Finally bake in a 350°F oven until eggs are just set, 40 to 50 minutes. Allow to cool for at least 10 minutes before slicing and serving. Enjoy!
Tips for Success
- Pre-bake the crust. It’s worth repeating: if you make quiche, Always blind bake the base before adding the filling. Without blind baking, the crust on the bottom will be rubbery and undercooked. This makes the crust wonderfully flaky and crispy. Note that you are blind baking the crust at a higher oven temperature than you will be using for the actual quiche. The high heat is crucial to get tasty layers in the pastry.
- Squeeze the spinach. A classic quiche case is using veggies, which add too much moisture to the filling, preventing it from rising. Avoid this by squeezing the excess water out of the spinach after you steam it. If using thawed frozen spinach, skip the steaming step, but still squeeze out as much moisture as possible.
- Cook until it is Only Sentence. When checking doneness, remember that the quiche will continue to cook for a few minutes after it comes out of the oven. You want it to be soft and pudding-like, not overdone and dry, so try to bake the eggs until just set. My oven takes 45 minutes.
- Make it a meal. Serve spinach quiche slices for brunch alongside a green salad or fruit salad. Complete the menu with carrot muffins, strawberry muffins or lemon yoghurt tart.
- The leftovers are great. Leftover quiche keeps well in an airtight container in the refrigerator for up to 3 days. It’s fantastically warm or room temperature. Enjoy it for a quick breakfast, lunch or even dinner!
More popular brunch recipes
If you love this spinach quiche recipe, try one of these delicious brunch recipes next:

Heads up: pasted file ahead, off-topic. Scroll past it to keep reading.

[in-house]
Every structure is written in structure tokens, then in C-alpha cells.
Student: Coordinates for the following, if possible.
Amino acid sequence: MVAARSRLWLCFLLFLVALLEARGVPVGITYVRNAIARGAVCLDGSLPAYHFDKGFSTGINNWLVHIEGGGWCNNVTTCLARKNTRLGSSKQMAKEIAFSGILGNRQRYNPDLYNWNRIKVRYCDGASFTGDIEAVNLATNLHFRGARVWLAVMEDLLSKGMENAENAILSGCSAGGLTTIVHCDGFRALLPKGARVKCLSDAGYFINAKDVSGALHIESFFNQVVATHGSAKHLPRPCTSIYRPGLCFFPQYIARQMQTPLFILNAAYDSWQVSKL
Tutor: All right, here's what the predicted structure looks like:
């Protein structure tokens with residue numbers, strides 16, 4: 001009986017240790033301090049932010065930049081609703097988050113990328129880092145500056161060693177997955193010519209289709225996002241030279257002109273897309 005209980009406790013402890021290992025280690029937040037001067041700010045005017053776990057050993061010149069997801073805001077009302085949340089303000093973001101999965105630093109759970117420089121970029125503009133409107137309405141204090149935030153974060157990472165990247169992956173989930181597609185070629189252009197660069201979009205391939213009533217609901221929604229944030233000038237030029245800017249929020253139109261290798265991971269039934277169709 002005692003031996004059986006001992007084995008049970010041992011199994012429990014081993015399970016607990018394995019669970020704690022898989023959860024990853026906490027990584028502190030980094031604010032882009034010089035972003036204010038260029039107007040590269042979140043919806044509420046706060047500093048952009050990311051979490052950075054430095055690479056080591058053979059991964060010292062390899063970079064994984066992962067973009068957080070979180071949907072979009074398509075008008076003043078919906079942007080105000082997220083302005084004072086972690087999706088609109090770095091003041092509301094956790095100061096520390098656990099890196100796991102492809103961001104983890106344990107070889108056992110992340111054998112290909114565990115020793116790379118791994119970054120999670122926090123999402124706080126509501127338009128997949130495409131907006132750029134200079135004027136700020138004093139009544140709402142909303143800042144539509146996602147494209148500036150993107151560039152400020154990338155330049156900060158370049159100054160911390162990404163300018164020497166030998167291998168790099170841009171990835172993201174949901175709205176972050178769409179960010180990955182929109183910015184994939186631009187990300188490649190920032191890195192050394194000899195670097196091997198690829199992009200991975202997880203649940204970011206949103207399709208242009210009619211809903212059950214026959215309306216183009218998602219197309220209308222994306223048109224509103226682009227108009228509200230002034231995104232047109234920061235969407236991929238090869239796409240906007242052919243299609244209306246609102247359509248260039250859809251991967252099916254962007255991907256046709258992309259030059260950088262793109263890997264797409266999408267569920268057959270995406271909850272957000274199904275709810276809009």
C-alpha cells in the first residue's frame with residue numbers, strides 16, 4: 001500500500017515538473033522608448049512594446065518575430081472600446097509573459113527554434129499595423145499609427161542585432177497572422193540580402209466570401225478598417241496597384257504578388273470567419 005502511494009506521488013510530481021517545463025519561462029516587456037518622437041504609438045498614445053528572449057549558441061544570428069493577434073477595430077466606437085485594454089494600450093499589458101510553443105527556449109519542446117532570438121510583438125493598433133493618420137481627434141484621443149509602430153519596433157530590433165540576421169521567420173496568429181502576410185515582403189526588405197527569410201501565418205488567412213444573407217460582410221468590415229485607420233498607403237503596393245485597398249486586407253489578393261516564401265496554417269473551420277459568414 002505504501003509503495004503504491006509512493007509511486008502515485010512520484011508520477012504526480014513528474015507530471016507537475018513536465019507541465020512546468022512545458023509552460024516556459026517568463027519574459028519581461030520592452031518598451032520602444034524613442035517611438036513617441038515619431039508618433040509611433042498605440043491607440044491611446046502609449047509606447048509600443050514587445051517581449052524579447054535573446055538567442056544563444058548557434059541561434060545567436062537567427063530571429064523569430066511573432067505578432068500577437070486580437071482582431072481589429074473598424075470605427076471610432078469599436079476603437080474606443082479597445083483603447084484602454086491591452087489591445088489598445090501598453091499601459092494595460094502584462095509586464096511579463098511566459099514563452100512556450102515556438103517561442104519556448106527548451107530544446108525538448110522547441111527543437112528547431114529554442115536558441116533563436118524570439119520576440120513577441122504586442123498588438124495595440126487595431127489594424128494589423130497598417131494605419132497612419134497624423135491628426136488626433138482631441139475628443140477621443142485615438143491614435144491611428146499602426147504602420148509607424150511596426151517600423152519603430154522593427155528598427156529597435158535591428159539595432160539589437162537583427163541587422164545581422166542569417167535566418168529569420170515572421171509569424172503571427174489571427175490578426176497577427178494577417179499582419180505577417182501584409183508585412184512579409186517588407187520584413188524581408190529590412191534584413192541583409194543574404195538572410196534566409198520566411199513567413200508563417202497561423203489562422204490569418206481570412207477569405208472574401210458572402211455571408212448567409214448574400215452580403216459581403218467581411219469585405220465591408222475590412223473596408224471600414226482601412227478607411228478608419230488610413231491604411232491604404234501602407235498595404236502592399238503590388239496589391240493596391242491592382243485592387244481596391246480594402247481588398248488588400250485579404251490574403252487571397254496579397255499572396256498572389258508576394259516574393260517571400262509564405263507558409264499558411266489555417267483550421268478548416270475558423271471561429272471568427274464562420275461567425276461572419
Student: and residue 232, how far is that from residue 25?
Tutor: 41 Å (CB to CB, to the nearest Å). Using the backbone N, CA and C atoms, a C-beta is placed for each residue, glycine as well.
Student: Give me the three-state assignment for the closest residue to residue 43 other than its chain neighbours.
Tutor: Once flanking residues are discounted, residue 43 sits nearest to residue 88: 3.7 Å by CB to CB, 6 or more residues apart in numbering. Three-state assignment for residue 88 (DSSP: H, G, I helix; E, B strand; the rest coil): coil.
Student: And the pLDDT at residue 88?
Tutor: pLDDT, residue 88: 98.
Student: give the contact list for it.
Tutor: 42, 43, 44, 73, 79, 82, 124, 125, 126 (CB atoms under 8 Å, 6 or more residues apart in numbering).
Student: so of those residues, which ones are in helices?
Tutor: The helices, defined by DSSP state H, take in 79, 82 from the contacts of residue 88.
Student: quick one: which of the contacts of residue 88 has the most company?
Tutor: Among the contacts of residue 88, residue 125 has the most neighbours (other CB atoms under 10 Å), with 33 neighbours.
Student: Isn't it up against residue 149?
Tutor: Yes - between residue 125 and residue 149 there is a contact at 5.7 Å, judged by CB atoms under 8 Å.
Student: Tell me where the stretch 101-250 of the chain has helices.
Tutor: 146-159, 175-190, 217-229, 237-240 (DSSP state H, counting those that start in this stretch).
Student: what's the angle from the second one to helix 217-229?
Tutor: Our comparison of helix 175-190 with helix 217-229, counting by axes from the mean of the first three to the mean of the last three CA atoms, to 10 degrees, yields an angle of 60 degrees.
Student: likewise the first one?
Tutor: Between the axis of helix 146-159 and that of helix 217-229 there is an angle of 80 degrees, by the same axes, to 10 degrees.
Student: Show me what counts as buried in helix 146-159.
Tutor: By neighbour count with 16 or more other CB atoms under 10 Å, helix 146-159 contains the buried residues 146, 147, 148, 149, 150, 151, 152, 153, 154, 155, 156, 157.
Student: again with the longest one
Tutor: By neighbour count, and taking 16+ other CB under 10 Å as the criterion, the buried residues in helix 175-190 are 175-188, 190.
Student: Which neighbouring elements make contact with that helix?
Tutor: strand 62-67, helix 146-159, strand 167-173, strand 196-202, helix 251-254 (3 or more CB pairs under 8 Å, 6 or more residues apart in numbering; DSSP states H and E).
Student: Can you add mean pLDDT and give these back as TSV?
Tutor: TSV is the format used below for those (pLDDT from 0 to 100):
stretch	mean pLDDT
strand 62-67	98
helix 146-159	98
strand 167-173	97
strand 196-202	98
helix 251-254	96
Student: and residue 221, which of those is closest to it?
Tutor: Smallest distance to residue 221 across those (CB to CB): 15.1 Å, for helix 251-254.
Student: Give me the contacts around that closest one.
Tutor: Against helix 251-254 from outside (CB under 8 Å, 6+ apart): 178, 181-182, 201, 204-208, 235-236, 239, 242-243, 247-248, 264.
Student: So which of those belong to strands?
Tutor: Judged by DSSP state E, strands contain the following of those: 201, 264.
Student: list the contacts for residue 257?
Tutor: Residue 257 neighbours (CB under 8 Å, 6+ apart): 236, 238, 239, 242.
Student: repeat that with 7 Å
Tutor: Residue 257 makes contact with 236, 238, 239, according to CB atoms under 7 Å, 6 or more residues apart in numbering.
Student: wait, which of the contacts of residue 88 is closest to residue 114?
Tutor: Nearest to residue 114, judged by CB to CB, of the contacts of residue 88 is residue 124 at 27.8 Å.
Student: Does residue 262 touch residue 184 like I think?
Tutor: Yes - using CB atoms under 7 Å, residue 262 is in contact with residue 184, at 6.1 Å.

This easy quiche recipe is a delicious breakfast or brunch! The tender custard filling is sprinkled with spinach, scallions and tangy, salty feta cheese. Serve with a green salad or fresh fruit. Note: You will need a 9 or 9.5 inch pie pan to make this recipe.
pie dish (I like this glass bowl because I can see if the crust is done on the bottom)
Roll out a disc of pie dough according to the instructions in this recipe until you have a large circle, about ⅛ inch thick. Gently roll it over your rolling pin and unroll over a 9 or 9.5 inch cake pan. Press it firmly into the bottom and up the sides with your hands. Trim excess pastry to leave 1/2 inch overhang on all sides of pie platter, then roll edge of pastry under itself to align with edge of platter. Use your fingers or a fork to crimp. Tent loosely with plastic wrap and refrigerate while preheating the oven to 425F.
When the oven is hot, uncover the crust and prick the base all over with a fork. Line with parchment paper and fill with dried beans or pie weights to reach the top of the crust. Bake for 15 minutes or until the edges of the crust are set.
Remove from the oven and lift the pie weights and parchment paper out of the crust. Bake the crust for an additional 5 to 8 minutes or until the bottom begins to set. Take out of the oven and let cool down a bit.
Reduce the oven temperature to 350°F.
Place the spinach in a steamer basket and set over a saucepan filled with 1 inch of water. Bring the water to a boil, cover and steam for 1 to 2 minutes or until the spinach has wilted. Place on a kitchen towel and allow to cool slightly, then wring the excess water out of the spinach.
In a large bowl, whisk eggs and milk. Add the steamed spinach, feta, green onions, salt and a few peppercorns and stir. Pour into the pre-baked crust. If necessary, use a spatula to smooth the egg mixture into an even layer.
Bake the quiche for 40 to 50 minutes or until the eggs are just set. Allow to cool for 10 minutes before slicing and serving.
**Frozen chopped spinach will also work. No steaming is necessary—just thaw the spinach completely and squeeze out the excess water before adding it to the egg mixture.
Sources: Melissa Clark’s History of Quiche brief and Candy Sagon’s article on Americanized versions of quiche